An observational study just published in The BMJ journal has found that women who are diagnosed with early-stage breast cancer today are 66% less likely to die from the disease within 5 years of diagnosis than they were 20 years ago.
While prior studies have shown that mortality risk following early invasive breast cancer diagnosis has decreased over several decades, this is the first study to examine whether that decline applies broadly to all patients, or whether there are specific factors affecting the decrease in risk.
Breast cancer by the numbers
According to the most recent Centers for Disease Control (CDC) statistics, 239,612 new breast cancers were reported in females in the United States in 2020, and 42,273 females died from the disease. The BMJ study looked solely at women diagnosed with early invasive breast cancer, meaning that the cancer had not spread past the breast or axillary nodes at the time of diagnosis. Approximately 2 in 3 female breast cancer cases in the US were diagnosed at this stage in the period from 2016 to 2020, the CDC reports.
Cohort over 500k strong
The research team sought to provide a detailed and accurate picture of breast cancer mortality in a complete population of women with early breast cancer for up to 20 years. To do so, researchers analyzed health data on 512,447 women registered with the National Cancer Registration and Analysis Service (NCRAS) in England who were diagnosed with early breast cancer between January 1993 and December 2015.
All study participants were women who had initially received either breast conserving surgery or a mastectomy to remove cancerous tissue. They were followed until December 2020 in order to track their treatment progress and long-term mortality trends. Excluded were women who had received treatment to reduce the size of their cancer prior to surgery, women whose cancer had already metastasized, and women who had been diagnosed with more than 1 cancer.
Main study outcome measures were annual breast cancer mortality rates and cumulative risks by time since diagnosis, calendar period of diagnosis, and 9 characteristics of patients and tumors. The 9 characteristics explored included patient age at diagnosis, whether the cancer was detected by screening, tumor size, estrogen receptor status, lymph node involvement, and whether the cancer was considered low, medium, or high grade.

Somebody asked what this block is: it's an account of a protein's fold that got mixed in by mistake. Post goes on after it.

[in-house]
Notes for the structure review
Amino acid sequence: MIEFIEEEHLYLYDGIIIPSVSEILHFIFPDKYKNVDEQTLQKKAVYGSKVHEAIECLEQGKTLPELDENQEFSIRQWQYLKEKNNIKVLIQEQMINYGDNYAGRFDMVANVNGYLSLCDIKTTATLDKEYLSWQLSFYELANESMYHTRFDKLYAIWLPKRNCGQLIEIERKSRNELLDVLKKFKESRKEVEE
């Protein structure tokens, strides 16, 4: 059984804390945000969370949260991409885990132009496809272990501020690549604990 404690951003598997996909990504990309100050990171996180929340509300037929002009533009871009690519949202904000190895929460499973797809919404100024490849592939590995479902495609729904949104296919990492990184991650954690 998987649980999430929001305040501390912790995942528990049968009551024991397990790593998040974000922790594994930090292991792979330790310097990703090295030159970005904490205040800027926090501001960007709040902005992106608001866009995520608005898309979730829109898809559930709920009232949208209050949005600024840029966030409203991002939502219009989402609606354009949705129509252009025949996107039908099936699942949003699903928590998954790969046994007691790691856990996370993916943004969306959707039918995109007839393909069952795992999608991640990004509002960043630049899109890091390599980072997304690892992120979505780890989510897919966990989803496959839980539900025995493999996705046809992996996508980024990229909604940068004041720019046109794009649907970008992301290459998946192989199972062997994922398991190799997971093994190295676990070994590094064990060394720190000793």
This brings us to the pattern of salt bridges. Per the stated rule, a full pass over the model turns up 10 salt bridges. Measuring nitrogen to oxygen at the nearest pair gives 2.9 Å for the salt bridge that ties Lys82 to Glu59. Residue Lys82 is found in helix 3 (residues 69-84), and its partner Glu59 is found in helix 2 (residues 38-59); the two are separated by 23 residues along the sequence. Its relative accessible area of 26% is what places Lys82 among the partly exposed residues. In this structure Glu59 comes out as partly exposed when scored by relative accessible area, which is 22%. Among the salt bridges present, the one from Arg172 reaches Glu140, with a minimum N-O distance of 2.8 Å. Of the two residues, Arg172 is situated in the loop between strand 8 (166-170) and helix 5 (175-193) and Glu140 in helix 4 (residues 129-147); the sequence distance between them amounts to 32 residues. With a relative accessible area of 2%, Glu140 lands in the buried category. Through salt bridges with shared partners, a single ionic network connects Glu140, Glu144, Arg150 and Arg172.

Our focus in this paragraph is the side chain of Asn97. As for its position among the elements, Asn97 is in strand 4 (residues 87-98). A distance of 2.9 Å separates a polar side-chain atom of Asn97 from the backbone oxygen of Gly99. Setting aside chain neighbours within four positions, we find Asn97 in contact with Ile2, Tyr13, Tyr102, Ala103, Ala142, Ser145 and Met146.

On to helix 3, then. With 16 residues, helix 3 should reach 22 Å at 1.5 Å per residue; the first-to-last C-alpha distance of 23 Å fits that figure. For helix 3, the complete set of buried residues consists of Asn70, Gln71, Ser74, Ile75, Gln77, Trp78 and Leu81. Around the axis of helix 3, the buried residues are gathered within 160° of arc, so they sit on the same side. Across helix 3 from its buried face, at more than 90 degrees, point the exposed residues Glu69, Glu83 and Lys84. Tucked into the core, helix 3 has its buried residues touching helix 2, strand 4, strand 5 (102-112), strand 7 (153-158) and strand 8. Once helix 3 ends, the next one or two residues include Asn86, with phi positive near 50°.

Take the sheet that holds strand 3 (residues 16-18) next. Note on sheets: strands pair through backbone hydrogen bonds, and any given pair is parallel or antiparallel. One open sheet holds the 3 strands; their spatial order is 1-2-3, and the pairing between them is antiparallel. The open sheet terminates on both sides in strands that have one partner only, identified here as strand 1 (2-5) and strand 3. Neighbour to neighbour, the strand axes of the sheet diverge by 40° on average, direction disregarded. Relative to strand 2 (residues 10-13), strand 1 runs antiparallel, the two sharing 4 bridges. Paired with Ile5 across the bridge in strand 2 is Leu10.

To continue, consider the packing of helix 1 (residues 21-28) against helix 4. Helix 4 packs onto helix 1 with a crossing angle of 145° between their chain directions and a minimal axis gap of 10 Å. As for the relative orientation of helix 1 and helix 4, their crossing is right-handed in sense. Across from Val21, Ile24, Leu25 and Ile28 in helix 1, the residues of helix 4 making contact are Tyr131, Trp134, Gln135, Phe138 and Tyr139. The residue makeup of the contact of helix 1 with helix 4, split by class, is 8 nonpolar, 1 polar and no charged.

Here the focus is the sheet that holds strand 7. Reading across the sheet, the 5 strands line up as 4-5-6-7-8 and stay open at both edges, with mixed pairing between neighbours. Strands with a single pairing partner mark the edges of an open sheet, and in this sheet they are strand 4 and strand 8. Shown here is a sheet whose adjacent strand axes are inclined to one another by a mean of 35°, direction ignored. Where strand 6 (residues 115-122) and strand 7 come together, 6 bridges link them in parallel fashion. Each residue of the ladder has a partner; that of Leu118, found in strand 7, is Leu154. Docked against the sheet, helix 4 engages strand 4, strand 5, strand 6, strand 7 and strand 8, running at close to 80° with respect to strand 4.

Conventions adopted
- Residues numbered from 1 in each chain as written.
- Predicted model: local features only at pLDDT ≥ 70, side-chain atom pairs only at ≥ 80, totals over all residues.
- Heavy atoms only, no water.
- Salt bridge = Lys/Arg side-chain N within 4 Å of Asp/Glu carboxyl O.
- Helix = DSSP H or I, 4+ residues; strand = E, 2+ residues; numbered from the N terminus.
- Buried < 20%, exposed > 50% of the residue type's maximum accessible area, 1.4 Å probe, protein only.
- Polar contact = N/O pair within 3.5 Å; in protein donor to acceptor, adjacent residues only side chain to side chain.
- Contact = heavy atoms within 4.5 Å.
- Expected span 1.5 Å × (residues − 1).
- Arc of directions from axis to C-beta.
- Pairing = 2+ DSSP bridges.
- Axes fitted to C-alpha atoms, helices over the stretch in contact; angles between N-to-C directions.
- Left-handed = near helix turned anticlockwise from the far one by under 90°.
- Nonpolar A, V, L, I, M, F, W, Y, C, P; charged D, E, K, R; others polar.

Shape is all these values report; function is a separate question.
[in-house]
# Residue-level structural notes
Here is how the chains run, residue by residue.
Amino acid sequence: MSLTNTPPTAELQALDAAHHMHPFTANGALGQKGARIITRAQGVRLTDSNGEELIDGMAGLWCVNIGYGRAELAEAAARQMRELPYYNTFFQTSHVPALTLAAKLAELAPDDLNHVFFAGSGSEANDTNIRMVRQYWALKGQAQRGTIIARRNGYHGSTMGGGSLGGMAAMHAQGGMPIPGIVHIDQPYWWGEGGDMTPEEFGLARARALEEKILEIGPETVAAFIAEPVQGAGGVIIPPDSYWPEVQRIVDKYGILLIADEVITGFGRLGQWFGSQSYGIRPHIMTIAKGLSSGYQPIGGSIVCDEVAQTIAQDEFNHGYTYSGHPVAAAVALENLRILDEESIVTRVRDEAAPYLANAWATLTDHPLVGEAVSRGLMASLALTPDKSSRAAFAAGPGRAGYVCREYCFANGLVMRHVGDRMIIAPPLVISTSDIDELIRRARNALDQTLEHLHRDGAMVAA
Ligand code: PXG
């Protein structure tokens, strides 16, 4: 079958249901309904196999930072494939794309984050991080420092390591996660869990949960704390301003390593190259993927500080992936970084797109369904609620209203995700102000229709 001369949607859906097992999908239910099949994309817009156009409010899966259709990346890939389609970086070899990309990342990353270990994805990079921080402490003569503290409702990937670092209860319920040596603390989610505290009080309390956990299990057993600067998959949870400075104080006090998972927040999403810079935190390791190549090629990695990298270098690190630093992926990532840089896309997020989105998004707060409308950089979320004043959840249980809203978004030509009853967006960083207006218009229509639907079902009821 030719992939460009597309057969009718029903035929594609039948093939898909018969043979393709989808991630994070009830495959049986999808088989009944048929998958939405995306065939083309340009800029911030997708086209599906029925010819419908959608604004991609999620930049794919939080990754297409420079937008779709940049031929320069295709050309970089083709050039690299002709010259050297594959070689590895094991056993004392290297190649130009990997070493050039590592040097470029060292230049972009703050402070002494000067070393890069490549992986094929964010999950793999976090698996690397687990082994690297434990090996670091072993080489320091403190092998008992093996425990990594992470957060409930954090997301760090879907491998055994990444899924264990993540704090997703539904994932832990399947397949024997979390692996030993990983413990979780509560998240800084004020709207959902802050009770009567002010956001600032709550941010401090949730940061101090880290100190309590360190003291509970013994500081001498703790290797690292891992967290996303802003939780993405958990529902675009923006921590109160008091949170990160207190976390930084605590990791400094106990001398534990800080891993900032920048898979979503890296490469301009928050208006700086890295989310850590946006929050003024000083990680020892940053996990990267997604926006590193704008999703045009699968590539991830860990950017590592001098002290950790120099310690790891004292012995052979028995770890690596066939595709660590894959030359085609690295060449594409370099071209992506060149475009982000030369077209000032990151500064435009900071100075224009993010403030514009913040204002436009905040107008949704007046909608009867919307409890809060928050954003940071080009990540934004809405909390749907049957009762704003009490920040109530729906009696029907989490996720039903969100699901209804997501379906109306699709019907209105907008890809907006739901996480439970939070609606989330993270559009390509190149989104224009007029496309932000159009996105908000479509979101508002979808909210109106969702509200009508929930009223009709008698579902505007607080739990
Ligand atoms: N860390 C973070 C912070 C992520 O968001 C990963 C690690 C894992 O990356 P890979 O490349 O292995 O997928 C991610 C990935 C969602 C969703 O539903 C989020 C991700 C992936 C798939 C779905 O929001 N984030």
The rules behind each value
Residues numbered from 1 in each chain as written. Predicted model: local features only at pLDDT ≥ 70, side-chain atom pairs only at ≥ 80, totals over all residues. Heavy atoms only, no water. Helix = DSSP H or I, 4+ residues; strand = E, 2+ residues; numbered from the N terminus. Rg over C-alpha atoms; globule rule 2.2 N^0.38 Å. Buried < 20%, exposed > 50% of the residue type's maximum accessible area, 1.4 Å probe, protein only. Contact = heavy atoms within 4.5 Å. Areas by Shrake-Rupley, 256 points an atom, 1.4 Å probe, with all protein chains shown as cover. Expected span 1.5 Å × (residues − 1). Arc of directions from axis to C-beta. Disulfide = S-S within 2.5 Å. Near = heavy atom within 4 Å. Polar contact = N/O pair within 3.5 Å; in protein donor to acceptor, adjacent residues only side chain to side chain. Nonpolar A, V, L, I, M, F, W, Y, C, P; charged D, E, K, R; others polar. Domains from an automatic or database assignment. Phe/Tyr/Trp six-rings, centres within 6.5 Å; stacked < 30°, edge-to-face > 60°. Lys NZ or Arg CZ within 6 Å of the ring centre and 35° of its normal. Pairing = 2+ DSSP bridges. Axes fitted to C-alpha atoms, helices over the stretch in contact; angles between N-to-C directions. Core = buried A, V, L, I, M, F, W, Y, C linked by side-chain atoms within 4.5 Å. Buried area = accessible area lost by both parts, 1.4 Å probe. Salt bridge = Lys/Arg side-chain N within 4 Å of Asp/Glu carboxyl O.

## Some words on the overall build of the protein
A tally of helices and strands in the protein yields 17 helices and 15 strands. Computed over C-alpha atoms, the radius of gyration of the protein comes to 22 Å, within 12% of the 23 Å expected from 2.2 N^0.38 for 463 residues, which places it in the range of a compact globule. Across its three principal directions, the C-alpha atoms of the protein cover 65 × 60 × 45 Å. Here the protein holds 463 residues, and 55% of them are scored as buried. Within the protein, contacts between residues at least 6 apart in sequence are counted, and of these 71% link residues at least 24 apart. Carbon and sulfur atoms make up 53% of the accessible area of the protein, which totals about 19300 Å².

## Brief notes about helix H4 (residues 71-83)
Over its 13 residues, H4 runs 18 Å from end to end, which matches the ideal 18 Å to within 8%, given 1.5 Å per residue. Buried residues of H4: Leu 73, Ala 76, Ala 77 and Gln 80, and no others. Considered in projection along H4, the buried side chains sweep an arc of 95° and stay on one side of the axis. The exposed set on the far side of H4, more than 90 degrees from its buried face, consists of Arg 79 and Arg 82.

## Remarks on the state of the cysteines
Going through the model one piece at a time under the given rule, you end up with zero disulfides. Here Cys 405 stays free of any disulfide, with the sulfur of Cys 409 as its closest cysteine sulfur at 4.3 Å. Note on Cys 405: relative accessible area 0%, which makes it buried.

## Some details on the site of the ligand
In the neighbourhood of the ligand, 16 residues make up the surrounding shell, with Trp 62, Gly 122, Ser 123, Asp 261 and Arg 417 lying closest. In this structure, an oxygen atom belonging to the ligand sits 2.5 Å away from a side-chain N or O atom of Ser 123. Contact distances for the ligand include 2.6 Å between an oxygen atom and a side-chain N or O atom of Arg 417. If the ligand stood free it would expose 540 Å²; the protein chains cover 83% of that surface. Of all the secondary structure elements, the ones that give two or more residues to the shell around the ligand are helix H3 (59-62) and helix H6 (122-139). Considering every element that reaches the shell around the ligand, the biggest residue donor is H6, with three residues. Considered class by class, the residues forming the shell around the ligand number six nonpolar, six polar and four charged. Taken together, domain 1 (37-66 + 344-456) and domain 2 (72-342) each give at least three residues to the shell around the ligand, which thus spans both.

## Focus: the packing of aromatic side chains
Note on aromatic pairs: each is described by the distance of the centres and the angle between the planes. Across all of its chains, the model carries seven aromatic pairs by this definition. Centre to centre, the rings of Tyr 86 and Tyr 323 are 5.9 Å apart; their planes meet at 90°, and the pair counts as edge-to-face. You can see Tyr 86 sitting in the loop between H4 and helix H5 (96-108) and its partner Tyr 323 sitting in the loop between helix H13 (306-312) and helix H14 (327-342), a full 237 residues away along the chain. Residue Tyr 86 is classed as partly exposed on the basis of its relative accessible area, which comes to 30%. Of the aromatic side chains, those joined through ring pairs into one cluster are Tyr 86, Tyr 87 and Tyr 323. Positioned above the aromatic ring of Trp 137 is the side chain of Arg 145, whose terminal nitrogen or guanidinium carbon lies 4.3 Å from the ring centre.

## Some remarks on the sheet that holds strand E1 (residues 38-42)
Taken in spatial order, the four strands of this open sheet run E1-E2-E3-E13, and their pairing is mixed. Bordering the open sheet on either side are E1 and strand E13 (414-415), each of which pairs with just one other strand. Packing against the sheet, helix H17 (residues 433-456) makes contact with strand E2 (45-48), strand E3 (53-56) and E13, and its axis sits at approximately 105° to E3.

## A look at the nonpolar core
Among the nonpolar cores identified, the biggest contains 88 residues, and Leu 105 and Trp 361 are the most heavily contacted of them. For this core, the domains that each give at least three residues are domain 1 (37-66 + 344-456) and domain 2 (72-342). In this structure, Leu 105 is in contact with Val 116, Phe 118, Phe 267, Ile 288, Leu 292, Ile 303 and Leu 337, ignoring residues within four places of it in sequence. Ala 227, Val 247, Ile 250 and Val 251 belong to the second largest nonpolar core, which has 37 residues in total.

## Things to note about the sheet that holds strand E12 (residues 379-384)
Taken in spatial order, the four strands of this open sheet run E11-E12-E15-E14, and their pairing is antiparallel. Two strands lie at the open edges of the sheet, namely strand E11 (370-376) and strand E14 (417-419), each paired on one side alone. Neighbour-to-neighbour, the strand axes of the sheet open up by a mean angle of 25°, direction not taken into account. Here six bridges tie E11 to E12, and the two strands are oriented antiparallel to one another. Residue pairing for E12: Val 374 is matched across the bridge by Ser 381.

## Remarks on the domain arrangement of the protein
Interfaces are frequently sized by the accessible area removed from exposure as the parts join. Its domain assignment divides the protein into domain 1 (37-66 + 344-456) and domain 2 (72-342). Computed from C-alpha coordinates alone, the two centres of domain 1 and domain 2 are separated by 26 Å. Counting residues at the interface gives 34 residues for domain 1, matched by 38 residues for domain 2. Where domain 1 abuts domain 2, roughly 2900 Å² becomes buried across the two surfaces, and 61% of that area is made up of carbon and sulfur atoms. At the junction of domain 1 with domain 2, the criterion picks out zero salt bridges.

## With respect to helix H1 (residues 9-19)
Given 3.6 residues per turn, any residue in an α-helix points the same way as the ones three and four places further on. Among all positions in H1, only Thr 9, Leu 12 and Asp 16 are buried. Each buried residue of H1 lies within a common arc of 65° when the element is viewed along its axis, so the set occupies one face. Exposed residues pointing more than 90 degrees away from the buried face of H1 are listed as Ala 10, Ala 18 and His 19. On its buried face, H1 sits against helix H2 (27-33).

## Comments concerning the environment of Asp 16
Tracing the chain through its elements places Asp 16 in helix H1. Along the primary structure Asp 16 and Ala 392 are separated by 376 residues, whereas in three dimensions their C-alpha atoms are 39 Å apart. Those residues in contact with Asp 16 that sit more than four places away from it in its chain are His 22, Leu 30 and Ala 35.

The team found that the risk of death due to breast cancer for all women included in the study was highest during the 5 years following diagnosis and then declined. Women diagnosed from 1993 to 1999 had a 14% risk on average of dying within 5 years. That average risk dropped to 5% for women diagnosed between 2010 and 2015.
Variable-dependent risk decline
Although decreases in mortality rates occurred across nearly all groups of patients, the magnitude of reduction varied substantially between women with different combinations of the study’s patient and disease characteristics.
For instance, there were higher rates of mortality among patients with estrogen receptor negative disease. However, the mortality rate among these patients decreased so significantly after the 3-year mark that, among patients who survived beyond 10 years, the annual mortality rate turned out to be higher for the estrogen receptor positive group. This suggests that, for patients with estrogen receptor negative disease, the most dangerous years are the first 3 following diagnosis, but that patients who make it beyond those 3 years may have a higher chance of long-term survival overall than those with estrogen receptor positive disease.
In 2005, diagnostic screening eligibility in England was expanded from the previous 50-to-64-year age bracket to include women aged 65 to 70 years. The BMJ analysis revealed that, following this expansion, the percentage of women whose cancer was detected through screening increased from 13% in the period from 1993 to 1999 and surged to 33% from 2010 to 2015. Patients whose cancer was detected through screening saw their mortality risk decrease slightly more than those who weren’t screened.
Improvements in prognosis applied to nearly all groups of women. One of the groups which didn’t see a significant decrease in mortality risk over the study period, however, was women aged 80 to 89 at the time of their diagnosis. Mortality risk at 5 years in this patient cohort has decreased only slightly since 1993.
Utility and promise
Although their research only looked at patients diagnosed from 1993 to 2015, the Team hopes that their work can aid in determining the prognosis for patients diagnosed with breast cancer in the here and now. They estimate that, for most women diagnosed today with early invasive breast cancer, the risk of death within 5 years is likely less than 3%.
“Patients and clinicians can use our results to estimate prognosis moving forward,” stated Professor Carolyn Taylor, a consultant clinical oncologist and professor of oncology at Oxford Population Health and lead study author in a press release accompanying its publication.
“Our study is good news for the overwhelming majority of women diagnosed with early breast cancer today because their prognosis has improved so much,” she continued. “Their risk of dying from their breast cancer in the first 5 years after diagnosis is now 5% on average. In the future, further research may be able to reduce the risk of dying from breast cancer even more.”
The full text of the paper, “Breast cancer mortality in 500000 women with early invasive breast cancer in England, 1993-2015: population based observational cohort study,” can be found at no charge here.
The contents of this feature are not provided or reviewed by NPWH.